Available in a choice of wood colours and coated with a protective layer of polyurethane lacquer, the veneer finish provides the authentic wooden look at a fraction of the price. The traditional choice of wood colours makes them popular with pubs, clubs and cafes whilst their durable finish makes them ideal for any busy environment and the perfect choice for a durable and attractive top at a low price.

Veneer Table Tops

Melamine Table Tops

Melamine tops offer fantastic value for money and are a great choice for modern schemes and interiors that require tough table tops which are easily maintained and offer a smooth, durable surface. With a generous 21mm thick MDF centre surrounded by a hardwearing melamine surface, the melamine tops come in either dark oak or light oak colour.

Melamine are a good choice paired with any metal or cast iron base as the oak tones of the tops offer a stylish contrast with either black or chrome based tables. And if you are still undecided on chairs to choose with these tops, the light oak finish works especially well with our modern café chairs such as the Remo, Roma or Catania as the finish of the chairs matches the finish of the table top perfectly.

Melamine tops are popular choices for venues that need an attractive and hardwearing top which take heavy use such as cafes, paly centres and holiday parks. With their easy to wipe surface and simple modern design they offer practicality and style at a great price.

Melamine table tops

Laminate Table Tops

If you still want the look of wooden table tops but your customers are largely families and/or small children then a laminate finish could be a good option. They still look attractive like our solid table tops but require barely any maintenance, are easy to clean and more scratch resistant than some solid tops. Whether it be colouring crayons, cutlery or food and drink, the laminate table tops can take a lot us use and will withstand the demands of a busy contract environment.

The laminate tops have a substantial 27mm thickness manufactured from a particleboard core and high pressure laminate surface. The hard black ABS plastic edging protects further against knocks and bumps and creates an incredibly tough and hardwearing table top.

As with all of our tops, the laminate finish comes in a choice of colours and offers something to suit any interior with traditional mahogany and walnut, light oak or black. The black finish has become a popular choice with many customers offering a stylish and modern finish ideal for contemporary or bold colour schemes.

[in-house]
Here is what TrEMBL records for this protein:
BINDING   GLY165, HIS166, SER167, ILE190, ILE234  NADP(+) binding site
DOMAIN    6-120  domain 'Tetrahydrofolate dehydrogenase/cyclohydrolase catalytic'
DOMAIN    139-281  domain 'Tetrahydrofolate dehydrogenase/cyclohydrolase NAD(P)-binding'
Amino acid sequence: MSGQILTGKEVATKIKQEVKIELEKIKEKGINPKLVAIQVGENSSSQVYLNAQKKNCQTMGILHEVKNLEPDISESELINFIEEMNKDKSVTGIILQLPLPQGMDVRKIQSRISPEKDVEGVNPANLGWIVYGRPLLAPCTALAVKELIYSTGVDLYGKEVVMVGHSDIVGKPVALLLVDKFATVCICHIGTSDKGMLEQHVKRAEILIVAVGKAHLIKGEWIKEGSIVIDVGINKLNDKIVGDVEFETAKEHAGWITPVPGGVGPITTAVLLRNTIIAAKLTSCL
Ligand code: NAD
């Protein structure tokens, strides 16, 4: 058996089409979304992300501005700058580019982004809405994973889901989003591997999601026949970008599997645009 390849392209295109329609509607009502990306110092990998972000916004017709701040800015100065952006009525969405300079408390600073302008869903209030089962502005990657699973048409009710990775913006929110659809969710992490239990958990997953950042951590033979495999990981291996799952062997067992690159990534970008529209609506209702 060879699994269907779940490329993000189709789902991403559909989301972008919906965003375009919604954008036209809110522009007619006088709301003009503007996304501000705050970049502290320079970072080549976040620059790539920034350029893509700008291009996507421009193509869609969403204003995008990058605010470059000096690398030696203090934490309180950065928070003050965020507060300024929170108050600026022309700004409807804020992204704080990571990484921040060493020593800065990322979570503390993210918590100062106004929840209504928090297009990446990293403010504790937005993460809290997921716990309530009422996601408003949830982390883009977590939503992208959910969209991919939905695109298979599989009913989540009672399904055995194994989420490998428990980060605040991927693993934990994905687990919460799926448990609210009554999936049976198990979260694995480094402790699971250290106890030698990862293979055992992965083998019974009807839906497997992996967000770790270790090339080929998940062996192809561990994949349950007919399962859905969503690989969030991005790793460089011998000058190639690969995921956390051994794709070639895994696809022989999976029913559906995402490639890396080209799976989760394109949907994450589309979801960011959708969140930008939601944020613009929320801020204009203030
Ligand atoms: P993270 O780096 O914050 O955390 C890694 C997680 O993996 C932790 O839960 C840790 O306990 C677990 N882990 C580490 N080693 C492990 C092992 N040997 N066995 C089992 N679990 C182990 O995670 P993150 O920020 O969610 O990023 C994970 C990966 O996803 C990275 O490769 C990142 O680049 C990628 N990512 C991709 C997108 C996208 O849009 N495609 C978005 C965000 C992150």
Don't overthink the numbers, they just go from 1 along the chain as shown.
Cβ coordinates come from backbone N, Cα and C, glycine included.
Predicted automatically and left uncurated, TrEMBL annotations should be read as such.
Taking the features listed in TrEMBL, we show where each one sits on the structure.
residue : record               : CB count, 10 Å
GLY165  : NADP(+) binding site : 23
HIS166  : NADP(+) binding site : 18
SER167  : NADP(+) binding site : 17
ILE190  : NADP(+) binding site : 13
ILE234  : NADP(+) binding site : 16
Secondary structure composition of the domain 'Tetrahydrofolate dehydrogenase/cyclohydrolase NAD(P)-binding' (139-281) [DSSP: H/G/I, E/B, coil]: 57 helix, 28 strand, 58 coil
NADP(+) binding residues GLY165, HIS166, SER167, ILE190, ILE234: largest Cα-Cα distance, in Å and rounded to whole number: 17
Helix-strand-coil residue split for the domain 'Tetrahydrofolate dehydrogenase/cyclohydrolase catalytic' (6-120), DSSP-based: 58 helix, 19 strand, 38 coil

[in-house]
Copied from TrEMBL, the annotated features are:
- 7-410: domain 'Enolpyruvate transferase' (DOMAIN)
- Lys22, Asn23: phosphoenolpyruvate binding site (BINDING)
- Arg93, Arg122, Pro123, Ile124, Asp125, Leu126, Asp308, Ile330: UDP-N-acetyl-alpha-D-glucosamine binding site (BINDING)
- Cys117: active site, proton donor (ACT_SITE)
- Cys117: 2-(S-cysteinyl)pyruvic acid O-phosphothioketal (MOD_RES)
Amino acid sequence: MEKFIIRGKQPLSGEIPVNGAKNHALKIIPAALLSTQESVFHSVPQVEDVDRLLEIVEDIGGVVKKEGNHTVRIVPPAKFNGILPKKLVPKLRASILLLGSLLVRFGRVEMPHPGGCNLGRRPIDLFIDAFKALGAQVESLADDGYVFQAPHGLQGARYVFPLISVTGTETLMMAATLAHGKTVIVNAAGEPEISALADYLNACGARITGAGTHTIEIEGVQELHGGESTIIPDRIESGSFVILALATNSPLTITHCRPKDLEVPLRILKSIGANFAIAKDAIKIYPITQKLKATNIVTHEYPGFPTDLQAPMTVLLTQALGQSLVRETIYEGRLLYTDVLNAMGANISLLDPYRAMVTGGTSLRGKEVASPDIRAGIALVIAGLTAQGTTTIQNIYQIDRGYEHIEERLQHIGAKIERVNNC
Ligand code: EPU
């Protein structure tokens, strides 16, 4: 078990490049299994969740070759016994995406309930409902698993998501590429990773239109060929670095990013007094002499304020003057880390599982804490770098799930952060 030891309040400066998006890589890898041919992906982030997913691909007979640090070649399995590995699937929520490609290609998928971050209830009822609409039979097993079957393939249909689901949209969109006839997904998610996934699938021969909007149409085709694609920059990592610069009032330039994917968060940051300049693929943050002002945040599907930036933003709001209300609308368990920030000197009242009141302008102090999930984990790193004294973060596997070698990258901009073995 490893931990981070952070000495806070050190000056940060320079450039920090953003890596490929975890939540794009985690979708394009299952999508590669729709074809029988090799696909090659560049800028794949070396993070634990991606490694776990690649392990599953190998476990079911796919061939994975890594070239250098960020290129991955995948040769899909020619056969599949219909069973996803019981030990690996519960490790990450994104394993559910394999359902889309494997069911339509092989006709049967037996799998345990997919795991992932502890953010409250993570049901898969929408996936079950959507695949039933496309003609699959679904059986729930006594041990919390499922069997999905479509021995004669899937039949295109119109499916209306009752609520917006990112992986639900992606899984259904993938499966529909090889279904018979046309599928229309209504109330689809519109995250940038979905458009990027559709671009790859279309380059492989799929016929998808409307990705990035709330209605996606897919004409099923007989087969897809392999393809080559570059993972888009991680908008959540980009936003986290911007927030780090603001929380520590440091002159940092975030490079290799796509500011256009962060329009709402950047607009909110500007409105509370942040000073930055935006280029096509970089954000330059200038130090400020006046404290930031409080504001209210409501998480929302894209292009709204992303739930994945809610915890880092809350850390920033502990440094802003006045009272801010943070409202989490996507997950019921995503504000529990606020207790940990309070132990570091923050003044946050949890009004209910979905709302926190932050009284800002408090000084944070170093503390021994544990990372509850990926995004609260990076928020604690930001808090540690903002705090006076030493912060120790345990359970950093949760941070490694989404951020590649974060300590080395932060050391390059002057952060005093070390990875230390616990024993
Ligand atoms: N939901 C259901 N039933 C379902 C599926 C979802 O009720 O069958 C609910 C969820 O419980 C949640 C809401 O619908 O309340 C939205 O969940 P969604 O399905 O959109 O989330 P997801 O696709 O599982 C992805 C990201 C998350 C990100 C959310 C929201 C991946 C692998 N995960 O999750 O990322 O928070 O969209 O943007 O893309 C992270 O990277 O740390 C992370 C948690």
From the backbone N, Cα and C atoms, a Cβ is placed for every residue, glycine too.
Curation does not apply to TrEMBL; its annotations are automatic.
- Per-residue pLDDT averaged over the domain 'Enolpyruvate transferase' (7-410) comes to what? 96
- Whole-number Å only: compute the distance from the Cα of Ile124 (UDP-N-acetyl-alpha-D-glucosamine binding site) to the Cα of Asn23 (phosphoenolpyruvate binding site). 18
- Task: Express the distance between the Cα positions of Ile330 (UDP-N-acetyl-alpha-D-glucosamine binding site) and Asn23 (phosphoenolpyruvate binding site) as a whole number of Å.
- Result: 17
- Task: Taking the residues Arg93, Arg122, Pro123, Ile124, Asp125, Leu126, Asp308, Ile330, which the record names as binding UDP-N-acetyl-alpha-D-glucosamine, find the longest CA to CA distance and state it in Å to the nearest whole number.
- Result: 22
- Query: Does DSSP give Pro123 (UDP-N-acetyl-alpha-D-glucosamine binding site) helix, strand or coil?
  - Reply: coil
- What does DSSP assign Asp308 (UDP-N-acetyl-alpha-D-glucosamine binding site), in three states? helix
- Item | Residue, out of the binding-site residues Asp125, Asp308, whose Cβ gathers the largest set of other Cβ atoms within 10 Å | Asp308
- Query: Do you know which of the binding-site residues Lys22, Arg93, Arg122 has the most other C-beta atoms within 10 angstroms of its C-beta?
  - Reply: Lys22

Laminate Table Tops

Solid Wood Table Tops

Solid wooden table tops are highly recommended for restaurant and bar use as the high end finish provides a very attractive table top that will add a feel of elegance to any interior. The smooth finish of the table is achieved by treating the solid wood with a clear acid catalysed lacquer coating which creates an extremely hardwearing surface that will easily withstand the demands of a busy contract environment without compromising on the appearance of the table. Available in Dark Oak, Walnut or Light Oak, the clear lacquer allows the wood stain to look natural and creates a luxurious finish which would look excellent in any high end restaurant, executive club or bar.

With a 28mm thick solid hardwood design and half bullnose or straight edge, the solid wood tops are both classic and timeless and will create a very attractive appearance even used without table cloths so if you want your furniture to be the highlight of the room and to last for many years to come then solid table tops are a perfect choice!

Solid Wood Table Tops

Stainless Steel Table Tops

Stainless steel tops are supplied with our aluminium based outdoor tables and create an extremely versatile and great for either outdoor or indoor use as not only do they wear well in a patio or garden setting, they provide a durable table top surface for indoors too. Being easy to clean, able to withstand heavy use in a demanding contract environment as well as having a stylish and modern appearance make them popular choices with fast food outlets such as American style Diners, Ice-Cream Parlours and Cafes but also for Children’s Play Centres and Leisure Centres.

For use as outdoor tables tops, the stainless steel provides a water resistant surface which is created by the stainless steel continues from the top and down over the edges or ‘post forming’ . This superior technique is a clever design which prevents water getting into the core of the table top which would otherwise cause the inner core to swell. The post forming method is followed by a clear lacquer creating a durable water resistant indoor or outdoor table.

Stainless Steel Table Tops

Plywood Folding Table Tops (Easy Store Tables)